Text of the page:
Like the LPN license itself, the LPN IV Certification is subject to renewal. This is best done in conjunction with the renewal of your LPN license, and can most easily be done via the board’s all-inclusive online renewal system. You could also opt to renew via documents, but that requires two separate applications, one for the LPN license and another for the IV certification renewal. The online method is really far easier and that way you are also ensured that the board will receive both applications.
In order to renew your IV certification you must have completed a minimum of ten contact hours of in-service education or continuing education in IV therapy within the previous two years. You will be asked to indicate whether you have completed the required number of hours on the application for renewal but need not supply evidence of compliance. Be aware though, that the board performs random audits to determine compliance.
Irrespective of whether you have completed an LPN IV Certification course or did an IV integrated curriculum program, contact hours are a basic requirement for renewal of your IV certification. There is only one exception to this rule, and that is if you were certified within the previous two-year period of renewal, e.g. If you were certified on January 15, 2011 and the renewal period is between 1 October and 31 December 2011, you are considered to have met contact requirements. Once this period has ended, you will need to ensure that you complete the requisite contact hours for each renewal period.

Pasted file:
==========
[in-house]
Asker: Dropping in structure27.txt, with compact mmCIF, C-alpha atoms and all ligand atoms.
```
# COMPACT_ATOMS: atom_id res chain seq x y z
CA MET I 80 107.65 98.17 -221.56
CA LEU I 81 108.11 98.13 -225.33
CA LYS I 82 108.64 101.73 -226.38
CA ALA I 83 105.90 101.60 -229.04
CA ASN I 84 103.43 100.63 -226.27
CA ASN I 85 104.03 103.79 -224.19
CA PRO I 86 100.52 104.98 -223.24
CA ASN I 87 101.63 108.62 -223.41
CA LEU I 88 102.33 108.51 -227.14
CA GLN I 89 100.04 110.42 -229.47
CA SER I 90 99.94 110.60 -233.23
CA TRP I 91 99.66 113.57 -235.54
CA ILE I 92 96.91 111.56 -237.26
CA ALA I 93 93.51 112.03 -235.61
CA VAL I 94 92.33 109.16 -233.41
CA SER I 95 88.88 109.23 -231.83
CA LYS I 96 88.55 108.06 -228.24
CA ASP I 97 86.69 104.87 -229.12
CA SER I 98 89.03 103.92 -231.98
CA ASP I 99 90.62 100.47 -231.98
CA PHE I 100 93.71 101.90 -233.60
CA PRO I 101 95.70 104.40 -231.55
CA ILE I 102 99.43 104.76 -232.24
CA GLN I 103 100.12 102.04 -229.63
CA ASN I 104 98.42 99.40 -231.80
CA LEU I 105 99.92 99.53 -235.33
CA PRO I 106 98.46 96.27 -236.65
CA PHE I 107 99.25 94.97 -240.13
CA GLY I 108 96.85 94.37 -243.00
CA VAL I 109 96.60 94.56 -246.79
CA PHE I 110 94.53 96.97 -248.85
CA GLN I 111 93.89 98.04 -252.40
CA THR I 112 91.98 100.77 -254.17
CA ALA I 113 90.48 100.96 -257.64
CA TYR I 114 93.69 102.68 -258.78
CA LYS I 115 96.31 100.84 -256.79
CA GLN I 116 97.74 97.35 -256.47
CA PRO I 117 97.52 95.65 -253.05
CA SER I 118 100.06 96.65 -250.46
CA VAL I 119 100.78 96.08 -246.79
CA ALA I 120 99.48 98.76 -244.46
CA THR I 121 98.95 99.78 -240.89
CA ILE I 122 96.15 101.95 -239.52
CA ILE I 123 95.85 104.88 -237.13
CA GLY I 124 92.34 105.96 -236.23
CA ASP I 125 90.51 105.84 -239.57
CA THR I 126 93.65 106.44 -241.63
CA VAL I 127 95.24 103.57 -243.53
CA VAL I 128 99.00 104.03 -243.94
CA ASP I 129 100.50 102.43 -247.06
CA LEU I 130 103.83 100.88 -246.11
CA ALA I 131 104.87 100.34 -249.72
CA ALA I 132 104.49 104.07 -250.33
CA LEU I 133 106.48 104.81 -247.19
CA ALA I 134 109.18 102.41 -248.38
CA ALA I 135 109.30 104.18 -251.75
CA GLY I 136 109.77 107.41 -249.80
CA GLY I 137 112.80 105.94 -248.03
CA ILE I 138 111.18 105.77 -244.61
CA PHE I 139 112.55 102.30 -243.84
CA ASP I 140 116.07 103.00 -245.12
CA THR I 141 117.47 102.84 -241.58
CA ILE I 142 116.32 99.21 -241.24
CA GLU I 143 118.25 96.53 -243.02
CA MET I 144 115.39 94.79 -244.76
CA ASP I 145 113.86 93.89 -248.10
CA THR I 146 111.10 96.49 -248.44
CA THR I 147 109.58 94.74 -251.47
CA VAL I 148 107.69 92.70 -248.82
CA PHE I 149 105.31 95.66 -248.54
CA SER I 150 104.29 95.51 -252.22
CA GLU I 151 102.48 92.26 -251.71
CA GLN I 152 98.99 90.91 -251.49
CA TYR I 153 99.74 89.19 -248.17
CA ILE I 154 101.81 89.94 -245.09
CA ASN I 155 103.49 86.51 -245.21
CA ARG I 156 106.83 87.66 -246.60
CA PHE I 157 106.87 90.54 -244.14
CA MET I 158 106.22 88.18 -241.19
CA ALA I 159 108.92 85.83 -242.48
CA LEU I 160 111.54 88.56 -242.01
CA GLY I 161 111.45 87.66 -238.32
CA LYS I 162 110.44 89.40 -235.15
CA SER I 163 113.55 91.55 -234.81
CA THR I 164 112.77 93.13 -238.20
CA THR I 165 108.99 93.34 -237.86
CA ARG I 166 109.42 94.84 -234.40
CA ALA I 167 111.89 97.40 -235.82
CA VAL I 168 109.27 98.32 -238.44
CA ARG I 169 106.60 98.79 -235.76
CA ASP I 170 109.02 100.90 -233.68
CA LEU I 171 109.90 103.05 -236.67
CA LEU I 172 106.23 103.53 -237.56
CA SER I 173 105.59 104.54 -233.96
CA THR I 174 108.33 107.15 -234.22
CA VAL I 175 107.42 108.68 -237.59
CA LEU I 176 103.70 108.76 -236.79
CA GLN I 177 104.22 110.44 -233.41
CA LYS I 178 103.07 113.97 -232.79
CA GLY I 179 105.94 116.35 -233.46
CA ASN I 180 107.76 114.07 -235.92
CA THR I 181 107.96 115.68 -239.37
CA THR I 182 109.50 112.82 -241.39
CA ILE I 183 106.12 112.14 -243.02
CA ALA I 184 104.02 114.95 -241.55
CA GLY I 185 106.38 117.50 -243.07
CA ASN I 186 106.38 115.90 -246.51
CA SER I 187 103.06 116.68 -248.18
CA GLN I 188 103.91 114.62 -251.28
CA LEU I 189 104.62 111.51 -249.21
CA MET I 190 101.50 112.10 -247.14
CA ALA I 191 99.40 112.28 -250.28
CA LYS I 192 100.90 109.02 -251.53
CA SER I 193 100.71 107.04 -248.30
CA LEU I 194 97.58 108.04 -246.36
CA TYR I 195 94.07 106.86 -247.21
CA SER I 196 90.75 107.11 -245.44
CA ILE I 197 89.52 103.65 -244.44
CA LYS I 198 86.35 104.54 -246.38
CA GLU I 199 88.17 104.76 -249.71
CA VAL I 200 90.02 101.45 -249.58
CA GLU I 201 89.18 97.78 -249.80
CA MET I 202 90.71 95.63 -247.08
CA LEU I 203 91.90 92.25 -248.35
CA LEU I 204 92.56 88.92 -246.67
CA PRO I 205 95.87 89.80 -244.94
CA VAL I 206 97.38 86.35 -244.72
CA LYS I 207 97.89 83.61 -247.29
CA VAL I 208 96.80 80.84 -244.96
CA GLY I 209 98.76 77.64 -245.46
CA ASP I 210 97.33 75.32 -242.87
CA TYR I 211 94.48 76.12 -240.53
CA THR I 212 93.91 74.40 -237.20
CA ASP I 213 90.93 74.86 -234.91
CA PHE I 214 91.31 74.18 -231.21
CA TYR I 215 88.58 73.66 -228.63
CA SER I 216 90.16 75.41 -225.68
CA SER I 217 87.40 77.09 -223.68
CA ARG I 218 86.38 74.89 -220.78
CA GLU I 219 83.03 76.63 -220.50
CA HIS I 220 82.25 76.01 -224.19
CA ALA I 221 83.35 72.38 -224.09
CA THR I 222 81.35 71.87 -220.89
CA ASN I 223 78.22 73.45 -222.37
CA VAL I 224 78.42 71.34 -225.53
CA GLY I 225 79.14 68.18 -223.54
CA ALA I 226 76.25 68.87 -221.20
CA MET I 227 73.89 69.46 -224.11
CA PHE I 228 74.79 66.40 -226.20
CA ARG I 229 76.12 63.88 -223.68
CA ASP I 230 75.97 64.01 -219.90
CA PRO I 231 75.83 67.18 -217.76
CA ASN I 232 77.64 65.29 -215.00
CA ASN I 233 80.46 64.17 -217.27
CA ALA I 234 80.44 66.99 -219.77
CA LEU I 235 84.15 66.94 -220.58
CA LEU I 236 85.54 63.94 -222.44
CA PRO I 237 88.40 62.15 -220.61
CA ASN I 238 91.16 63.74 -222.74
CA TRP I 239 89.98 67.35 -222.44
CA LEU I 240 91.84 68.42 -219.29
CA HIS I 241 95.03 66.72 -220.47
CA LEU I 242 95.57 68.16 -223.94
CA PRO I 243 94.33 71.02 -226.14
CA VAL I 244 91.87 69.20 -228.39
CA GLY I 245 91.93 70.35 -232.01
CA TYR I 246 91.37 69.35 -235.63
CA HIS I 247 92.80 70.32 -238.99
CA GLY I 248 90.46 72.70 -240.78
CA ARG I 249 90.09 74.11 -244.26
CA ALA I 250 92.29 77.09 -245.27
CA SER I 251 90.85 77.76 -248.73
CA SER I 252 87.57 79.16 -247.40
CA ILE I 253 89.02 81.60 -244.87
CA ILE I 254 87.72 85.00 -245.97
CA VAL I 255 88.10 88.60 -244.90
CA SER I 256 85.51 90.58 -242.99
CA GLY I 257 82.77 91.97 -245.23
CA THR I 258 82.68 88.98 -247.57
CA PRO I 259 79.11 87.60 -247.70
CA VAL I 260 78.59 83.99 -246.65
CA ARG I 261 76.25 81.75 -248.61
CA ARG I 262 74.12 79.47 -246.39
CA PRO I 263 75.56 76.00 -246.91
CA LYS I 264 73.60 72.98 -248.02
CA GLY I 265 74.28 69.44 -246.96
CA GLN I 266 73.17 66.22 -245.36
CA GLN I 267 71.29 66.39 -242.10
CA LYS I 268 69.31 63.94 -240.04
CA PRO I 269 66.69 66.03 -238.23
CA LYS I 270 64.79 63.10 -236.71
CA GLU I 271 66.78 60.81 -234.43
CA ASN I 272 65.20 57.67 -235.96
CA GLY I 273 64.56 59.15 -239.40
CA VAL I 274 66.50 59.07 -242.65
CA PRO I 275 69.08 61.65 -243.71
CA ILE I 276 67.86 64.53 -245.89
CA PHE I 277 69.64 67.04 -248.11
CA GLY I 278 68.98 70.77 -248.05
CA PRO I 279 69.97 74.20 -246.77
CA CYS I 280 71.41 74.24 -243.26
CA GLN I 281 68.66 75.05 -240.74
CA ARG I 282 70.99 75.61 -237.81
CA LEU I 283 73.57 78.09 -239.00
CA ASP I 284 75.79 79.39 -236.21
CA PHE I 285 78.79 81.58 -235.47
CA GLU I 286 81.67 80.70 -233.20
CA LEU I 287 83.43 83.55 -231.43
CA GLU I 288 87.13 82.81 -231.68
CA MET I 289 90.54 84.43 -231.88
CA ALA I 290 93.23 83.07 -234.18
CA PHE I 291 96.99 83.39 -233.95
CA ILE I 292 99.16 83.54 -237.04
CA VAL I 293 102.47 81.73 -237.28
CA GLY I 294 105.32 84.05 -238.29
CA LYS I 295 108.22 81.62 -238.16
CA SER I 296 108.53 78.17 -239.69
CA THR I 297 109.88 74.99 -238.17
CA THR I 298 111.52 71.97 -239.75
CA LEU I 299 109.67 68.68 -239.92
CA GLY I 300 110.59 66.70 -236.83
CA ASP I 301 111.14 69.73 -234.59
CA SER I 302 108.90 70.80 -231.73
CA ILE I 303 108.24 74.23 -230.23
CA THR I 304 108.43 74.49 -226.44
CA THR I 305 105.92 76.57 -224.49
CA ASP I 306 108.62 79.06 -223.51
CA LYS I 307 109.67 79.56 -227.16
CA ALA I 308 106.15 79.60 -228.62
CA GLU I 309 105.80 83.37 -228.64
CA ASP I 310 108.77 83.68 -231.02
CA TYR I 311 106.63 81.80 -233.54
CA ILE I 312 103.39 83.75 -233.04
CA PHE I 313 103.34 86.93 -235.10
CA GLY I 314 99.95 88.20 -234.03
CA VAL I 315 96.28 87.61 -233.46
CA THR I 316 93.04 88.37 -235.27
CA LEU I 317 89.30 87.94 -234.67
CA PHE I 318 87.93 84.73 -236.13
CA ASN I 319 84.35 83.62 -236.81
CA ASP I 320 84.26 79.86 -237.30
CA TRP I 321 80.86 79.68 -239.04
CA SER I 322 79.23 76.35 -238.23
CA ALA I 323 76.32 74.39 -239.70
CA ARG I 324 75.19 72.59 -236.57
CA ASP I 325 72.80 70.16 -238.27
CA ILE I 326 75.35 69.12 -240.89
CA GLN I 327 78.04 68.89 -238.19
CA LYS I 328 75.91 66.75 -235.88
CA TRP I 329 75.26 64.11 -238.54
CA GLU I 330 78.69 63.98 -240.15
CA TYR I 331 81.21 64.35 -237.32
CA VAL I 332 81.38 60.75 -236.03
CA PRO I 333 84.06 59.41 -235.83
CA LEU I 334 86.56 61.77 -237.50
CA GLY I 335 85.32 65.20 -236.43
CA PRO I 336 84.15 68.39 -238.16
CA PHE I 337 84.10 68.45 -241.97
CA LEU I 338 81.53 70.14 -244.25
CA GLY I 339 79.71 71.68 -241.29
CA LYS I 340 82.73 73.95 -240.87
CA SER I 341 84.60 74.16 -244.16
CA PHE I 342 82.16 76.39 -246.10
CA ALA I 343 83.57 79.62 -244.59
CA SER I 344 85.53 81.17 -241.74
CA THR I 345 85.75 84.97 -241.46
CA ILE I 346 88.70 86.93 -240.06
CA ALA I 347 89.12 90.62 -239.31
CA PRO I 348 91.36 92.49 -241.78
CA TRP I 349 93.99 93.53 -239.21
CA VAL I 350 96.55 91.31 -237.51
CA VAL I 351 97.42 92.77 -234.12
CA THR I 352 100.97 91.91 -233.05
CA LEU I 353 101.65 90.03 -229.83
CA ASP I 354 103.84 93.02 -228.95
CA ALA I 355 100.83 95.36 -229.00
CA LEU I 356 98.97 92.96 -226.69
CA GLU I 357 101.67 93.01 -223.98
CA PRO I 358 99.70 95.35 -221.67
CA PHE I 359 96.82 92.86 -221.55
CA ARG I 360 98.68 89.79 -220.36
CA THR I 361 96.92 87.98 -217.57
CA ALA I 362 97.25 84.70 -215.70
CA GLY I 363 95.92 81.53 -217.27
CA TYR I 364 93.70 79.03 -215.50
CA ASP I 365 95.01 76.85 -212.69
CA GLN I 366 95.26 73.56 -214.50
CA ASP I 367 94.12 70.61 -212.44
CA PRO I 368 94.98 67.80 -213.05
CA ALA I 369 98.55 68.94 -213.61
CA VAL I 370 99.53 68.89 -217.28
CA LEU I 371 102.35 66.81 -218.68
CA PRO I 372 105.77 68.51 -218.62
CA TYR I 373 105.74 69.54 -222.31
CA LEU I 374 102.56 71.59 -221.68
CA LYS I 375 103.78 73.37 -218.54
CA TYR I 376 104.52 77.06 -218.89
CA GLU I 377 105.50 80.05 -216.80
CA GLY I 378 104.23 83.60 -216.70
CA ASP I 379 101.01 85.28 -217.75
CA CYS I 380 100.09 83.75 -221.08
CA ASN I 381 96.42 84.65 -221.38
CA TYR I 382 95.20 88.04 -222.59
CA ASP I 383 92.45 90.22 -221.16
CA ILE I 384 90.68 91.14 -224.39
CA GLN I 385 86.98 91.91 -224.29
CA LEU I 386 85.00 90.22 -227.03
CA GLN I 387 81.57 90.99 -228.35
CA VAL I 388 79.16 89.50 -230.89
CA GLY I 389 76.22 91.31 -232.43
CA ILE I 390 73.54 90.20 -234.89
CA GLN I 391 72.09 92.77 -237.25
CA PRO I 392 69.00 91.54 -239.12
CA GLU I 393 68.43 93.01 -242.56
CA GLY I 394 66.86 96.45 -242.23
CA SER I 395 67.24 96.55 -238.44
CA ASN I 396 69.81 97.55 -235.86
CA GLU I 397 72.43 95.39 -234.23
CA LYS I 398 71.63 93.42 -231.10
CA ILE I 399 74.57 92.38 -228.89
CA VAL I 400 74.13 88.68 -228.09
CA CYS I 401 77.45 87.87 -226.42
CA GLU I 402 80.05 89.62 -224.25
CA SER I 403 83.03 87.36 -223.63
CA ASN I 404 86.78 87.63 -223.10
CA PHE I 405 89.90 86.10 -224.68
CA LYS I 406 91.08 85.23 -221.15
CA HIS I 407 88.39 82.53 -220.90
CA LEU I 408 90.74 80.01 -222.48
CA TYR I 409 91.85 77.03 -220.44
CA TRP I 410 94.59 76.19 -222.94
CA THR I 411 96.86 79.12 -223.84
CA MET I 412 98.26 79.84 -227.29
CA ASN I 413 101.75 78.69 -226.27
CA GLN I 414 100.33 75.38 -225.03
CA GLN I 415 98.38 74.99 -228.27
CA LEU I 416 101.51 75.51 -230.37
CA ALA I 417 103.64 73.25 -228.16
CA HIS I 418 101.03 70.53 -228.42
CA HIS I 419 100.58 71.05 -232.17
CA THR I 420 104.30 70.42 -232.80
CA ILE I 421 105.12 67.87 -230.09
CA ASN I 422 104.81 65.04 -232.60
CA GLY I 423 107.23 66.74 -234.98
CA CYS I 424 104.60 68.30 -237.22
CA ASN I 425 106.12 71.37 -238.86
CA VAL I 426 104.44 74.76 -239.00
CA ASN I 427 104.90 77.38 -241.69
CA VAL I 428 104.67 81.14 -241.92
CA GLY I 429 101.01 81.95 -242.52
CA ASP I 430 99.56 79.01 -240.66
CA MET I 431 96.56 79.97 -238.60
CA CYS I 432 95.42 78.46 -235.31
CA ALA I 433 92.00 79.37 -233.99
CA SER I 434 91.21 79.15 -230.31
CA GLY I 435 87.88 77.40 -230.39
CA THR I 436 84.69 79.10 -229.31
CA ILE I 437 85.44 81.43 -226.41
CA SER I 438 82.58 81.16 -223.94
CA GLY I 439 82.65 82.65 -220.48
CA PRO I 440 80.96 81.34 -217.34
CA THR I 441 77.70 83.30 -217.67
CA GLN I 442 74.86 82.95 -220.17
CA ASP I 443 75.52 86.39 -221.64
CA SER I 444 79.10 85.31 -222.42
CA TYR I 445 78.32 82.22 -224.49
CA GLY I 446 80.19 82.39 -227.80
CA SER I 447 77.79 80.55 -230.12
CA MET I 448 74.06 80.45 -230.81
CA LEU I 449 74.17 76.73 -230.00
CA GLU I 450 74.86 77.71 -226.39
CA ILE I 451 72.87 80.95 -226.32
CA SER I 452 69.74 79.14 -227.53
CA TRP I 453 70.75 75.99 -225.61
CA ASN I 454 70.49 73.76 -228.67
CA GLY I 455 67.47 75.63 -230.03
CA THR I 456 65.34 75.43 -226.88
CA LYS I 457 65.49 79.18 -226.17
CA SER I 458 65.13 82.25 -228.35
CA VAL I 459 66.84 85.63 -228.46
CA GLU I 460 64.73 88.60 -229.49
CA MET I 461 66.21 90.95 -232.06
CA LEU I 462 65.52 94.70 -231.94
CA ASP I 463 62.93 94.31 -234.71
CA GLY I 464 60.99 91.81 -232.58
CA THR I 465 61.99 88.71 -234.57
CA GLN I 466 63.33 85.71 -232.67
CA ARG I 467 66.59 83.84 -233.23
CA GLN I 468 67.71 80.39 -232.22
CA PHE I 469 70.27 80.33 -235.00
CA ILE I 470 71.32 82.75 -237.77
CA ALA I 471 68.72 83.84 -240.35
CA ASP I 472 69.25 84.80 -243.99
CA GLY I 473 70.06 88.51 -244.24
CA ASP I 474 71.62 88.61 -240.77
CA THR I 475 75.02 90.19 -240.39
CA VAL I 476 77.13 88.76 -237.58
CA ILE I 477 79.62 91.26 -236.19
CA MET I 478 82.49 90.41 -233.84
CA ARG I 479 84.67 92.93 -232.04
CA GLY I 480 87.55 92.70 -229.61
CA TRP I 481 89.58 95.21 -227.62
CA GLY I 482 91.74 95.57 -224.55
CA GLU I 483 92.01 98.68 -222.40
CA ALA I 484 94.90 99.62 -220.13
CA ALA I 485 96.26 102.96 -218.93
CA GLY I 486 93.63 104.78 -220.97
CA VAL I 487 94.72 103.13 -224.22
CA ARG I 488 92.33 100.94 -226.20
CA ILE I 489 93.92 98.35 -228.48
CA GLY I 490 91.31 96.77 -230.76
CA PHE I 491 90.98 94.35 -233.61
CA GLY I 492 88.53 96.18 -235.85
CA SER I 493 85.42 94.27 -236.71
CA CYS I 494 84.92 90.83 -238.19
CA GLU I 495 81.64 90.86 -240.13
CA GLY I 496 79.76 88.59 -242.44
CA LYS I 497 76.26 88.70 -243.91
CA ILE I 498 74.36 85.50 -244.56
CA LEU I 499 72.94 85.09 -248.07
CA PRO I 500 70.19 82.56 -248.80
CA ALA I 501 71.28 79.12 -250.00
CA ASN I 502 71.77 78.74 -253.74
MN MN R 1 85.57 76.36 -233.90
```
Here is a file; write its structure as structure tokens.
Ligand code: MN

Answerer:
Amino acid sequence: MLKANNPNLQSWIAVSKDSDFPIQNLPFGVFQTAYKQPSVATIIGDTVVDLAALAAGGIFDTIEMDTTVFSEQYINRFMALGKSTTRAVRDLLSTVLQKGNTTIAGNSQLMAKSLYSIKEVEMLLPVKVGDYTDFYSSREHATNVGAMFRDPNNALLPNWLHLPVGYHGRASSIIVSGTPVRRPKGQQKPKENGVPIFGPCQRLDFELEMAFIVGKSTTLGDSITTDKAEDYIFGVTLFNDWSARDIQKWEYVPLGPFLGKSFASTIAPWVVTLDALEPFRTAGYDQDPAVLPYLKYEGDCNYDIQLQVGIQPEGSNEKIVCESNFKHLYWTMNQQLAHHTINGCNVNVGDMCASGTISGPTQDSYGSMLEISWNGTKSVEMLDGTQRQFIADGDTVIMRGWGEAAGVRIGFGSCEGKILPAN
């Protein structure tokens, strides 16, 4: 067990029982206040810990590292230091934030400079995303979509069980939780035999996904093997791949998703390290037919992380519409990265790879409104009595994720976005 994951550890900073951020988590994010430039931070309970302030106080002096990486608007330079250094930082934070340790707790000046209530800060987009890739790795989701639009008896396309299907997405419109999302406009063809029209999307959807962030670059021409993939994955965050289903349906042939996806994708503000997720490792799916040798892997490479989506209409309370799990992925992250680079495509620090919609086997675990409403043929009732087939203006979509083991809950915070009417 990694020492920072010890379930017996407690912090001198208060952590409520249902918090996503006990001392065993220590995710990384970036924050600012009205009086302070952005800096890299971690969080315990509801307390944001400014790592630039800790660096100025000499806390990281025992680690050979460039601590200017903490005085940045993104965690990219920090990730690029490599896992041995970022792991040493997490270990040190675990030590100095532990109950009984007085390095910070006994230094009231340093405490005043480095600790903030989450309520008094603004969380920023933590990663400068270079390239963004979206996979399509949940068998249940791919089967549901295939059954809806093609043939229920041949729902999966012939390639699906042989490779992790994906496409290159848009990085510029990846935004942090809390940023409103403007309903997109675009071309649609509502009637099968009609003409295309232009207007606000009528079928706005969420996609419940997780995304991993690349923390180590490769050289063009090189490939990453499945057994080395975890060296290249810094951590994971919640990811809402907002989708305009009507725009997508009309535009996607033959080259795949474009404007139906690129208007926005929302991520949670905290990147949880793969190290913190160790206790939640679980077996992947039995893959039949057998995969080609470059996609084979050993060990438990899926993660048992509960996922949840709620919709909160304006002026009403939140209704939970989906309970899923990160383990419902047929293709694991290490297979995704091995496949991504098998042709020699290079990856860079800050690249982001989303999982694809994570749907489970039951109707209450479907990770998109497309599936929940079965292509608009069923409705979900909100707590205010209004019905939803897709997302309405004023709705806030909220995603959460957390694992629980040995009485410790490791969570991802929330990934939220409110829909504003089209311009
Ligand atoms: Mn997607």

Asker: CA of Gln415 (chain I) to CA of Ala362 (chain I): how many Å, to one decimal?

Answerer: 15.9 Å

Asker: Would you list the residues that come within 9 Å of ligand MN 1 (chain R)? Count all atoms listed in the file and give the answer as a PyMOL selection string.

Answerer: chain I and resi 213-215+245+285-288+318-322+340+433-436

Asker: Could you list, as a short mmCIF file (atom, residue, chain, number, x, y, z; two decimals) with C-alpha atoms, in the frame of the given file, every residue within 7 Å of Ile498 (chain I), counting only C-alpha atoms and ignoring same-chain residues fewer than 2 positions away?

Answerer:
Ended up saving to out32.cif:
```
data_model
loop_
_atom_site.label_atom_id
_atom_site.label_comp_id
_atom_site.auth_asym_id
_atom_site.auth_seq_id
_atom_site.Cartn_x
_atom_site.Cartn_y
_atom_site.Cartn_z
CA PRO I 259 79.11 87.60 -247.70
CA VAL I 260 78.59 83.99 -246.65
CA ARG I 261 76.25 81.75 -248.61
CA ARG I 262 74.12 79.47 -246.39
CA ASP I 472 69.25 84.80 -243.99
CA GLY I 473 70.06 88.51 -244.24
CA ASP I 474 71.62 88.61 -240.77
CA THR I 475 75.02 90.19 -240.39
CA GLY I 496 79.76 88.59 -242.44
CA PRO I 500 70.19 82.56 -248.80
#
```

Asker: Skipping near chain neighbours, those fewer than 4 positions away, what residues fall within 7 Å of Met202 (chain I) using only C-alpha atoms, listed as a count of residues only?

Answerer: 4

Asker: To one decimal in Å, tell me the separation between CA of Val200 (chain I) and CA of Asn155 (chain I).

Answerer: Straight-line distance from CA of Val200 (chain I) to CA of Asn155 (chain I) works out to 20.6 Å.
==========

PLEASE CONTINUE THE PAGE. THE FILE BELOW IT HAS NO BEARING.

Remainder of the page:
All courses and in-services which are accredited by the American Nurses Credentialing Center (ANCC) are acceptable, as long as they apply to the expanded role. There are also other courses that are offered through various LPN Associations which will be accepted, as well as courses and education programs offered by various facilities. Contact hours can also be accessed online, but make sure that the courses meet the ANCC certification requirements.
Education Prerequisites for LPN IV Certification
Those wishing to complete IV Certification LPN must:
- Be qualified LPNs and provide a current LPN License
- Provide documentation of your current Professional Liability Insurance-standard policy
- Provide a current CPR for Health Care Provider card
- Provide documented proof of a current negative TB skin test or negative chest X-ray
- There is also an enrollment fee
Some courses may also require applicants to have first completed a veni – puncture course and Health Insurance Portability and Accountability Act (HIPAA) training. Others may require you to have a current cardiopulmonary resuscitation certification.
Many employers offer these courses or sponsor LPNs in their employ. Other options for gaining certification are to attend one of the certification courses offered by many community colleges. Individuals are often required to complete a self-study course culminating in an examination, prior to gaining entrance to the certification course.
IV Certification Programs
The topics covered in IV Certification LPN courses include refresher courses in health care laws, physiology and anatomy. You will also be taught practical approaches to IV therapy preparation and administration. IV therapy certificate programs typically prepare students to meet an individual state’s IV certification requirements and qualify as continuing education for licensure purposes.